The attorney expressed reservations that, if named, the potential new plaintiff could lose eligibility or suffer retaliation for joining the lawsuit.
NCAA attorneys pooh-poohed the possibility.
“They have whatever rights they have,” said Gregory Curtner, representing the NCAA. “We don’t take away their rights.”
Yes, the same organization that profits from, among other things, video games that include the same jersey number, skin tone, athletic abilities, height, weight and hometown of “amateur” athletes is talking about their rights.
One internal Electronic Arts email from 2009 that’s part of the court record details the process tuning those not-so-random avatars to their real-life counterparts: “Check and tune key player ratings to ensure they stand out amongst the other players and are ‘authentic’ in their areas of expertise (eg. Sanders (VCU) top shot blocker, Chris Wright (Dayton) High Flyer, etc.).”
The same organization that, according to its confounding rule book, could punish an athlete who signed an autograph in exchange for a dime or who accepted a free ham sandwich.
That last one actually happened. Back in 2000, Nebraska quarterback Eric Crouch had to repay $22.77 for a ham sandwich and brief flight that left him temporarily ineligible.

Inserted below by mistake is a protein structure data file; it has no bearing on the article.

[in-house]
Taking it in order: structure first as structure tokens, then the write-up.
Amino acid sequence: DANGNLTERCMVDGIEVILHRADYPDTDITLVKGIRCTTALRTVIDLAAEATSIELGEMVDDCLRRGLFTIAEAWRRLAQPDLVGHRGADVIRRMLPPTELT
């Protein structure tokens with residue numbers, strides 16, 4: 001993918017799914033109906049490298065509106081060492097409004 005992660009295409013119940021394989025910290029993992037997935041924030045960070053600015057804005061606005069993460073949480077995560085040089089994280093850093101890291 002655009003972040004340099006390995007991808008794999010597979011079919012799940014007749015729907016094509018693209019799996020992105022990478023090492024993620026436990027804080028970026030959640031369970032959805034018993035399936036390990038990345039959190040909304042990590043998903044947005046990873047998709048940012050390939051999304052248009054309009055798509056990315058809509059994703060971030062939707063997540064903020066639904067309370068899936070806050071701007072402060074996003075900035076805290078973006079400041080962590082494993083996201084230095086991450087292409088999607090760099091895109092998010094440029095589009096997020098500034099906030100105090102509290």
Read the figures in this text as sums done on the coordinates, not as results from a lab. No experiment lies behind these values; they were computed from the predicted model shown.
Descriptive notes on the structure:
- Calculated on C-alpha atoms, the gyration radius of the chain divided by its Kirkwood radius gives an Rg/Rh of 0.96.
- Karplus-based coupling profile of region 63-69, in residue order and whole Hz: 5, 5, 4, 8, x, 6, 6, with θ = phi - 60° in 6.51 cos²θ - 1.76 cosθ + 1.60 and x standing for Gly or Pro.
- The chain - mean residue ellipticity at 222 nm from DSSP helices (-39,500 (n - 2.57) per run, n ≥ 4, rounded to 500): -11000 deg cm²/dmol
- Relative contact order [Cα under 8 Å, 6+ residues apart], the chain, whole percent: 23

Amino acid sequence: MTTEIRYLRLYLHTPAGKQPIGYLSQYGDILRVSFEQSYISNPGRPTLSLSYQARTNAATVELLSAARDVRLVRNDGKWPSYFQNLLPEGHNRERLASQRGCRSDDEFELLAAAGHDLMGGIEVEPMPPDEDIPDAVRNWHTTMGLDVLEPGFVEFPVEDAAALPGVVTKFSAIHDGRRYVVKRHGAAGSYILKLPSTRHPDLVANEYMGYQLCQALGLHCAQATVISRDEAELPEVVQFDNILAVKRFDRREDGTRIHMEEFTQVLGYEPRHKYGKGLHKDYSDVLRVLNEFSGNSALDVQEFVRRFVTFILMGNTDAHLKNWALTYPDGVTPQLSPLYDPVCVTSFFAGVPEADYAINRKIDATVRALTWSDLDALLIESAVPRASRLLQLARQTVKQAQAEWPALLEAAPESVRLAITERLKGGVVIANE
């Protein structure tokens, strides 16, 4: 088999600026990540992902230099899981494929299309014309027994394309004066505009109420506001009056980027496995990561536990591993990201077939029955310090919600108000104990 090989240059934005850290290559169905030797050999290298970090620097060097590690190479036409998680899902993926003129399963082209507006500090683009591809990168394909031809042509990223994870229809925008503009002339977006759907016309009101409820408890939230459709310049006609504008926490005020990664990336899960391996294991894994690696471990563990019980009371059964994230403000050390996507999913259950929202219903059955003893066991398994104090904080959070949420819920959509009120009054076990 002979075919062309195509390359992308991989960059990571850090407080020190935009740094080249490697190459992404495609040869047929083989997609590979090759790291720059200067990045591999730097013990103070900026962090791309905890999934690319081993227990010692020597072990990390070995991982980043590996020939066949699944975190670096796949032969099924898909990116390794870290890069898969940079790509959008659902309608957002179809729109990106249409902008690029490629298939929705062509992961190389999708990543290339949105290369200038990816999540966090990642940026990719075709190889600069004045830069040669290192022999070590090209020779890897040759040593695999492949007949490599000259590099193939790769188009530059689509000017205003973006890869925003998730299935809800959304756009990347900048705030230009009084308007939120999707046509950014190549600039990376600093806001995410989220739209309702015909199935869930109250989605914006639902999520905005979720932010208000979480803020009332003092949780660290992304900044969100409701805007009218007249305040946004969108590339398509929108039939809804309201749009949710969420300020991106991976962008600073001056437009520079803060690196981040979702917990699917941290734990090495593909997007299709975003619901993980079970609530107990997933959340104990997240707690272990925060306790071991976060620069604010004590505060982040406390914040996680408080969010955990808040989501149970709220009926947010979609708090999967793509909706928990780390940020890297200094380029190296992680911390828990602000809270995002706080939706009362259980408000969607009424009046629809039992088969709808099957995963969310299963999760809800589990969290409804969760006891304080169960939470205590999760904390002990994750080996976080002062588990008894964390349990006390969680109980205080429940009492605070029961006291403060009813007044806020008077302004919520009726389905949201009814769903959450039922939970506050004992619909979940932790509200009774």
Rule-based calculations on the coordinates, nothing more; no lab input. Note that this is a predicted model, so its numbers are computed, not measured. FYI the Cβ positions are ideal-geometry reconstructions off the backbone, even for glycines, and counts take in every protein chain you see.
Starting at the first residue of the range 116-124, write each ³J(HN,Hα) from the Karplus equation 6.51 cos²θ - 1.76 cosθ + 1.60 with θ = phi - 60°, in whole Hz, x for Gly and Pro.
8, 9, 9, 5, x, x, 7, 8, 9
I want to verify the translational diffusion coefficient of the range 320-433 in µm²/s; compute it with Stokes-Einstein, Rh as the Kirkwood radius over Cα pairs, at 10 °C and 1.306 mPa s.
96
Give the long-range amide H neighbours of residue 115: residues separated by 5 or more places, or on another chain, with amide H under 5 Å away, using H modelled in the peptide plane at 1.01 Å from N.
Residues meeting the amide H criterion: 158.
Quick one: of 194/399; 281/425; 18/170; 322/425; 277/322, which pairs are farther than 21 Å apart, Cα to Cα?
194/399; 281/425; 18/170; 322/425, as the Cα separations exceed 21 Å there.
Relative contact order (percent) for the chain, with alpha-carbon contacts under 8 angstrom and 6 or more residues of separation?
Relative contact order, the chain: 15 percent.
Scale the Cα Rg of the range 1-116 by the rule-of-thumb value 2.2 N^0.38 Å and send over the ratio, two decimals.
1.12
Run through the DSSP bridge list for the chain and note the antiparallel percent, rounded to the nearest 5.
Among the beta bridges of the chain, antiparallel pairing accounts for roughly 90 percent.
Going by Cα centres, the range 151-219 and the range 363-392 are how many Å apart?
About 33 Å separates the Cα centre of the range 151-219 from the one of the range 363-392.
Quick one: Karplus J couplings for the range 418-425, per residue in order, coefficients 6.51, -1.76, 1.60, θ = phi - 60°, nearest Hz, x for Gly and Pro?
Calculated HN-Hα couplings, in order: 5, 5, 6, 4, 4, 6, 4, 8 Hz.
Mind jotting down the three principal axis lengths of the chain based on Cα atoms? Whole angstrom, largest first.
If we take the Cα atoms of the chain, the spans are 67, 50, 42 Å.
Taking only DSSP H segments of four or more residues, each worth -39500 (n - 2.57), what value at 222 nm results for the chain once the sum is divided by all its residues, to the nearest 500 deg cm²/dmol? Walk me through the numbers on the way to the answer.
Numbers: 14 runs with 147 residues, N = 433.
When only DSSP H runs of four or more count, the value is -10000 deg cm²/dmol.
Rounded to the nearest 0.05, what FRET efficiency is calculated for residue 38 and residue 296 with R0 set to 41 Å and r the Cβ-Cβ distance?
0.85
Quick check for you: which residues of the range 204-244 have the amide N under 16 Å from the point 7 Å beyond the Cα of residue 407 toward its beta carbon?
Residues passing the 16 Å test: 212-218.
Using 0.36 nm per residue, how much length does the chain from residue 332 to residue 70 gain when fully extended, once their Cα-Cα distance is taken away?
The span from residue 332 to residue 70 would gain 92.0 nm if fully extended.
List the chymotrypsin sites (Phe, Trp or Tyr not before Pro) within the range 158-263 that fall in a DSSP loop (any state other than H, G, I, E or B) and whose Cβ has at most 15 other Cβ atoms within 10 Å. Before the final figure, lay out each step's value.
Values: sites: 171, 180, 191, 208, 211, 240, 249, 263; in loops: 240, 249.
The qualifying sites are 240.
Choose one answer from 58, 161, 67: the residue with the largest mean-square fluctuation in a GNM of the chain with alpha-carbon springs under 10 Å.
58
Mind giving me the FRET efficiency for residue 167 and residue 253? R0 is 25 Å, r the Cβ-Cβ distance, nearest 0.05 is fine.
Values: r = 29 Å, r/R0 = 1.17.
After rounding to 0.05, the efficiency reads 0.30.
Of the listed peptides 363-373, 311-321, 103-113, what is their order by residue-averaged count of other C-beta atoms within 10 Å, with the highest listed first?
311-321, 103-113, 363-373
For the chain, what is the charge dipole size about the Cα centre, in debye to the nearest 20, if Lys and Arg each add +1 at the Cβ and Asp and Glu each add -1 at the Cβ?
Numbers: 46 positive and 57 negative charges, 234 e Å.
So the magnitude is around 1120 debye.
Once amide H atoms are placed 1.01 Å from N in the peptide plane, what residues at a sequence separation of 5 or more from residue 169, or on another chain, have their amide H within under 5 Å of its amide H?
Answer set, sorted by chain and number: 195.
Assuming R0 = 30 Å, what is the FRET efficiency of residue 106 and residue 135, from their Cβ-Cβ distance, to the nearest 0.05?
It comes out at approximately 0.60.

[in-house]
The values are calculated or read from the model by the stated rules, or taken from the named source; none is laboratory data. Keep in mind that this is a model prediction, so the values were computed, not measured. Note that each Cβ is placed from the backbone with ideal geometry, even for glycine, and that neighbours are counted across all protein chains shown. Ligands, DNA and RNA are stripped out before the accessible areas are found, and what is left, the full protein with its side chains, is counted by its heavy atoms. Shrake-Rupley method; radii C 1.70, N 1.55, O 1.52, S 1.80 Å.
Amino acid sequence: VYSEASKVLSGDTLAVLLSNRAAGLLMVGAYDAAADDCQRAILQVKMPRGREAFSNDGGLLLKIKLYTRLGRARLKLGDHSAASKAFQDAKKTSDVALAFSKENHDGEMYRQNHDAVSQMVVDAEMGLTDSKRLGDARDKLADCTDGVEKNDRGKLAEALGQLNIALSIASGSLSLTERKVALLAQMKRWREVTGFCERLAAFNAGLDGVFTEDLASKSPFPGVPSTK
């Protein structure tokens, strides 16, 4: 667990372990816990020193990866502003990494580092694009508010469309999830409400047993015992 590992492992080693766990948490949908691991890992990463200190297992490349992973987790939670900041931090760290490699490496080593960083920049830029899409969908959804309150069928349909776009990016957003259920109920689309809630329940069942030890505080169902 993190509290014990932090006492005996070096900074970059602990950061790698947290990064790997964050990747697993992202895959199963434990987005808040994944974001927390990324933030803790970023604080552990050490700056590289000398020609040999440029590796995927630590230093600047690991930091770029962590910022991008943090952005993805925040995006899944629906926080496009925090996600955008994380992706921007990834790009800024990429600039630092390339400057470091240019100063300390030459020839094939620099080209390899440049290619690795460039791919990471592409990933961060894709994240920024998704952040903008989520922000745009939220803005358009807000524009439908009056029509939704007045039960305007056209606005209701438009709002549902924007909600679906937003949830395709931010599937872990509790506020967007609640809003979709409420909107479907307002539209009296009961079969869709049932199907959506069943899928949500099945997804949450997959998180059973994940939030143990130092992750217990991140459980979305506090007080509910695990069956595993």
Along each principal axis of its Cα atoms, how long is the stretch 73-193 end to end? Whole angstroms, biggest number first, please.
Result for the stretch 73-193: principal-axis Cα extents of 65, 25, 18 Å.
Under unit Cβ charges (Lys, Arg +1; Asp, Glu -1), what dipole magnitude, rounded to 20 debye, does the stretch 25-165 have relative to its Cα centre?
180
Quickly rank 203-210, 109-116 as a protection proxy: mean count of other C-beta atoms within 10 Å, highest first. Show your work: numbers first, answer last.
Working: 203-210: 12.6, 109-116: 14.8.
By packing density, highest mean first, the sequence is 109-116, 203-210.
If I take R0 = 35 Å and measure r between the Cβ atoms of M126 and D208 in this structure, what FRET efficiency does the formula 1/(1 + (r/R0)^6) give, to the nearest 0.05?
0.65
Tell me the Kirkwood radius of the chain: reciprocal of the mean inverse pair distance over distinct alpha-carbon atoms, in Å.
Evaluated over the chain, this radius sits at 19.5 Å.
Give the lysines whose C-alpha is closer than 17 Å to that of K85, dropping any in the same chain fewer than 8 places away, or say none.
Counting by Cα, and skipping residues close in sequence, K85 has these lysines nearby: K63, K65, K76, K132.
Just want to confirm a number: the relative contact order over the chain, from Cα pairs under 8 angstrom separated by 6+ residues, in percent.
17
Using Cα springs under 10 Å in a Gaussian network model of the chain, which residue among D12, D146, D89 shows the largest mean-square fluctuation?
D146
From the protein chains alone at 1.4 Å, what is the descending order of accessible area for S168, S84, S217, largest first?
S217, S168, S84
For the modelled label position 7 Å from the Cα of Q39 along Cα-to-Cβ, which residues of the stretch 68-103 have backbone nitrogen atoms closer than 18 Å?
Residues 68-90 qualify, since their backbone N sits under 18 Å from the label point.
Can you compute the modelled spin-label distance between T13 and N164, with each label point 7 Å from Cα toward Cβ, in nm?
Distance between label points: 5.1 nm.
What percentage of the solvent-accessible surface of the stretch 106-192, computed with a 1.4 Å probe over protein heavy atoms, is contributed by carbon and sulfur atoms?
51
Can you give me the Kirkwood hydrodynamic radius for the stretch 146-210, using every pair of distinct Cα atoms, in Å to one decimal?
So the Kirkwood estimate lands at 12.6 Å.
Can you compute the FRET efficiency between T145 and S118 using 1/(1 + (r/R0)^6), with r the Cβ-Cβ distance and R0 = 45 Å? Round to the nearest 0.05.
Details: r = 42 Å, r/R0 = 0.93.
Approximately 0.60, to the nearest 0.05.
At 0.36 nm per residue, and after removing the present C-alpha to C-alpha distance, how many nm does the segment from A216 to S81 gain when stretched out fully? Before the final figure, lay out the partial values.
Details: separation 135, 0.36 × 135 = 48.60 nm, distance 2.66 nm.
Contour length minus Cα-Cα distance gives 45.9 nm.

The athlete who stands up enters this world of make-believe amateurism, where rights are as illusory as a portion of the proceeds for, say, those athletes modeled in “NCAA Football 13.” The risk of such a move and the courage required isn’t small.
The legal implications are significant. Including all current athletes in the lawsuit adds the piles of television money being printed on their backs. Video games are one thing. The television issue could push potential damages — permitted to be tripled in antitrust cases such as this — into the billions.
The plaintiffs want to keep the athlete’s name, whenever he or she is added, secret. The judge didn’t seem moved.
Even so, how could the athlete keep the participation under wraps? How will his coach react to the inevitable distraction? His teammates? His athletic director? His conference commissioner, as the athlete takes aim at the machinery of the NCAA his livelihood revolves around?
It’s one thing for an athlete to express dissatisfaction with the current system; the consequences of joining the lawsuit that could obliterate the model will ripple around the country. Standing up, really, is just the beginning.